The third and final of three languages that will release with the campaign setting is Kejăruk, orcspeech! I’ll be releasing the subregion guide for the Hellstrand soon which will have additional examples of the language, both written and spoken, but here’s the primer:

Kejăruk (/ˈkɛʒɑɽuk/; KE-zhah-rook) is the language of the venerable, yet conflicted orcs. As strong-willed and concise as their people, orcspeech is a collection of relatively short, harshly accented words. One of the most fractured races of Nivost, it bears diverse influences: the harsh, subtle beauty of Salial, the goddess of the dawning dark; the raw power of Kavek Thul, the god of glorious rage; and the world-weary succinctness of the orcs themselves. Few non-orcs speak Kejǎruk, and thus those non-humanoids who do are typically viewed with great respect by their people.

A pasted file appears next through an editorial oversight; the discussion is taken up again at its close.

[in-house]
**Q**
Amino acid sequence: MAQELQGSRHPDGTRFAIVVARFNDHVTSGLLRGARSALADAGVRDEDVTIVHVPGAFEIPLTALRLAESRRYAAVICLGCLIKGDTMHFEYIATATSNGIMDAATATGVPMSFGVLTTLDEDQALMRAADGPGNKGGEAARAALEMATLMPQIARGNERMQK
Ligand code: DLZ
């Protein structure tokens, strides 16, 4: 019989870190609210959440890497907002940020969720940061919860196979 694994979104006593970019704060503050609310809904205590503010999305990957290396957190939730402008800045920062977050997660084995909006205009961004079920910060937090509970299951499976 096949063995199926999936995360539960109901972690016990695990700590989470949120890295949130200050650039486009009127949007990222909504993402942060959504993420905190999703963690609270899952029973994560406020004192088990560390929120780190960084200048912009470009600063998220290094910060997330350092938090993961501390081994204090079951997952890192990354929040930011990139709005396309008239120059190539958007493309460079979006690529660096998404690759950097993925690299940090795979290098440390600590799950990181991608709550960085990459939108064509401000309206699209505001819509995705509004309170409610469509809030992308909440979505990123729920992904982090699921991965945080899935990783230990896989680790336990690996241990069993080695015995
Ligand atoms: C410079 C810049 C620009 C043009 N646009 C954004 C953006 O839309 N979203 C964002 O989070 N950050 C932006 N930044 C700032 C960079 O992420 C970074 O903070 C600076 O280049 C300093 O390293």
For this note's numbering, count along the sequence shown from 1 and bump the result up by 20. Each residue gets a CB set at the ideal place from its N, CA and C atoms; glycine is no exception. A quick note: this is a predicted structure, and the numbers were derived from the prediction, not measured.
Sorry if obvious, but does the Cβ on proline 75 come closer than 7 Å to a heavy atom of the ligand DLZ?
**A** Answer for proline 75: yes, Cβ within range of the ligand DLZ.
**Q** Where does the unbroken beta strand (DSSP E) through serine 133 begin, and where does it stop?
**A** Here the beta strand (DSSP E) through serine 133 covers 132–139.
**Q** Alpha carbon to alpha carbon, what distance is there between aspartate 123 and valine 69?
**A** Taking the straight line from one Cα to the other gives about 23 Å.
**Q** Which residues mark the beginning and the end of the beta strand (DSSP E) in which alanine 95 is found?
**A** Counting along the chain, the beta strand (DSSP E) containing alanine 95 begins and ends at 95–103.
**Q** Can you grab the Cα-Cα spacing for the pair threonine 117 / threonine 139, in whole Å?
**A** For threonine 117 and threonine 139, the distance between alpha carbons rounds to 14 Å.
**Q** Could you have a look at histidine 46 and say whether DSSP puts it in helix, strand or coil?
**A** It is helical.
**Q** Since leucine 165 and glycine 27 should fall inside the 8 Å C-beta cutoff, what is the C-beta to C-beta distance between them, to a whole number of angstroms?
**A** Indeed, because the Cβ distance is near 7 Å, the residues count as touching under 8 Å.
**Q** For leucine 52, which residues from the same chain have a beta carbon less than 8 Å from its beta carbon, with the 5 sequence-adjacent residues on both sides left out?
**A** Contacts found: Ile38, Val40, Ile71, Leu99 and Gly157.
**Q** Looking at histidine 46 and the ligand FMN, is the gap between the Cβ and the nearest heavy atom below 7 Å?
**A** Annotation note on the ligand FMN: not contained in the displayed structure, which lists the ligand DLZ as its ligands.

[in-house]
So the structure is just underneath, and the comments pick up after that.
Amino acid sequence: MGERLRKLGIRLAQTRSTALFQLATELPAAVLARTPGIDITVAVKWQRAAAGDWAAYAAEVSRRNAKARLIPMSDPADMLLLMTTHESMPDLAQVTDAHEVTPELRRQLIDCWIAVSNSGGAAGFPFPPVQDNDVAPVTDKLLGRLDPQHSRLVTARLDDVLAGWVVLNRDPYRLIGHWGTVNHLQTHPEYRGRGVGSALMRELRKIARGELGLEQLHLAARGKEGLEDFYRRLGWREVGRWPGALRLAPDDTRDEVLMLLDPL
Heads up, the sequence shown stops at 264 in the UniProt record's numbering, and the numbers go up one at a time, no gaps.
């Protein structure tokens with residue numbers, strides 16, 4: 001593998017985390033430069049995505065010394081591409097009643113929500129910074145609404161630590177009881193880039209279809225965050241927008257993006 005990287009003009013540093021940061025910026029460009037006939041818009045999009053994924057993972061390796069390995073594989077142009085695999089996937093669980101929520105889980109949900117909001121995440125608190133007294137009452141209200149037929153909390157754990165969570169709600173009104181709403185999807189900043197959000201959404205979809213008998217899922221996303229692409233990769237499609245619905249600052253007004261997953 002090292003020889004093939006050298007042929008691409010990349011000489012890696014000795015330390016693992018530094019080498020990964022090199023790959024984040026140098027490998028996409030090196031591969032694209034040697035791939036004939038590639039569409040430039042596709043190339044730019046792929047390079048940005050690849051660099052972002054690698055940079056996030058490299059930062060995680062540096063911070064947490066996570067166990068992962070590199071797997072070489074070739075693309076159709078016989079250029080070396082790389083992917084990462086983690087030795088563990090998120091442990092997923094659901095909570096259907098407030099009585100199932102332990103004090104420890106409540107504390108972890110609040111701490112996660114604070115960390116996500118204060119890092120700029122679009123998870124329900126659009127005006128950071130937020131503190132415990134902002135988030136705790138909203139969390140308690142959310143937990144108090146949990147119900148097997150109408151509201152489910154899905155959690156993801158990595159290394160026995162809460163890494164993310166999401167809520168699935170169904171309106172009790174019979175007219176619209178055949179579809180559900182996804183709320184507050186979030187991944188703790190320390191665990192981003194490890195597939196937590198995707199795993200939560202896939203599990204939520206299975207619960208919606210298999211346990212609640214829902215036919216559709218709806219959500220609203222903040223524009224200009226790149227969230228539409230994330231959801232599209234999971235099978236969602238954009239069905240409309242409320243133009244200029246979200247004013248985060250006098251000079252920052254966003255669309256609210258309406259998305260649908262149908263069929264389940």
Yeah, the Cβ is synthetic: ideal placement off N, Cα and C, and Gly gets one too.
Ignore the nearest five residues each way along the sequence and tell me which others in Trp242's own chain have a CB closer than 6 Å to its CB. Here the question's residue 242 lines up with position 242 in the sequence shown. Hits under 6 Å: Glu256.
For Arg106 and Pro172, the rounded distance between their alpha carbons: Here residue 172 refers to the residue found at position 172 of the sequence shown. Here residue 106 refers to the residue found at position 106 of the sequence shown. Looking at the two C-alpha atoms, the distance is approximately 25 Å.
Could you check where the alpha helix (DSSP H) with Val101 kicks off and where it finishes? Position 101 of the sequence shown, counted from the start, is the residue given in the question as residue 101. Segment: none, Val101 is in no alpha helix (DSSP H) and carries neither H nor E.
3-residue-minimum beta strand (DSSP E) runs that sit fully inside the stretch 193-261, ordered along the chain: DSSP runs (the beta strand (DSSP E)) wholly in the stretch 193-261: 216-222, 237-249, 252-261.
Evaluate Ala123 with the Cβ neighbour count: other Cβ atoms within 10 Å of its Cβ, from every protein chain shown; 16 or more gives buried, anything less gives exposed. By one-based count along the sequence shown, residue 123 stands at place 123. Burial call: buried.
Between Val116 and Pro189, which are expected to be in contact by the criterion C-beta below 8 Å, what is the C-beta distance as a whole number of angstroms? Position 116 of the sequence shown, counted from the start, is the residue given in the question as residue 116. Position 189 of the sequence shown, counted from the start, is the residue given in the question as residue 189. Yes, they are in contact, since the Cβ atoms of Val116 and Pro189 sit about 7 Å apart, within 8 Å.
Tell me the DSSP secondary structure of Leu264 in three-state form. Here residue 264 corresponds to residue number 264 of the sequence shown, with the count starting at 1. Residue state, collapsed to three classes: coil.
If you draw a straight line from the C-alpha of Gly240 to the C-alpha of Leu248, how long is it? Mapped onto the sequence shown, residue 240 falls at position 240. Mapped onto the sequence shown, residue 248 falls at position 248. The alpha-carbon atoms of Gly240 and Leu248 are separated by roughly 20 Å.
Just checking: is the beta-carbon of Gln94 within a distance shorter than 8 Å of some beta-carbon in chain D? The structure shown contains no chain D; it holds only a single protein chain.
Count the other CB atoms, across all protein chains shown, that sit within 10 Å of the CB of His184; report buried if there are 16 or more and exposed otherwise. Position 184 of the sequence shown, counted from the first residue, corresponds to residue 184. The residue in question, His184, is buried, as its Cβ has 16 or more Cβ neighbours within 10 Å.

Akin to Najath in its precise encoding, Kejăruk is arguably easier to read by sight than the more ancient tongue. Carons (ˇ) adorn the shorter, harsher vowel sounds, whereas vowels with no diacritic are longer. Beyond this, the language is highly retroflex, being spoken largely with the tip of the tongue touching the palate; however, this can be ignored in favor of a significantly more English-sounding approximation. When spoken accurately, it might sound vaguely similar to a bass-filled Urdu.

Kejăruk is written as an abugida, a consonant-centered semisyllabary, as opposed to the vowel-centered nature of the trolls’ Tsahekne. While not as relatively simply to learn as Najath, it is significantly easier than Tsahekne; consonant sounds are the main symbol set, with the smaller set of vowel sounds reduced to ornaments above them. These vowel sounds are placed above consonants they follow, with initial vowel sounds requiring a voiceless placeholder character.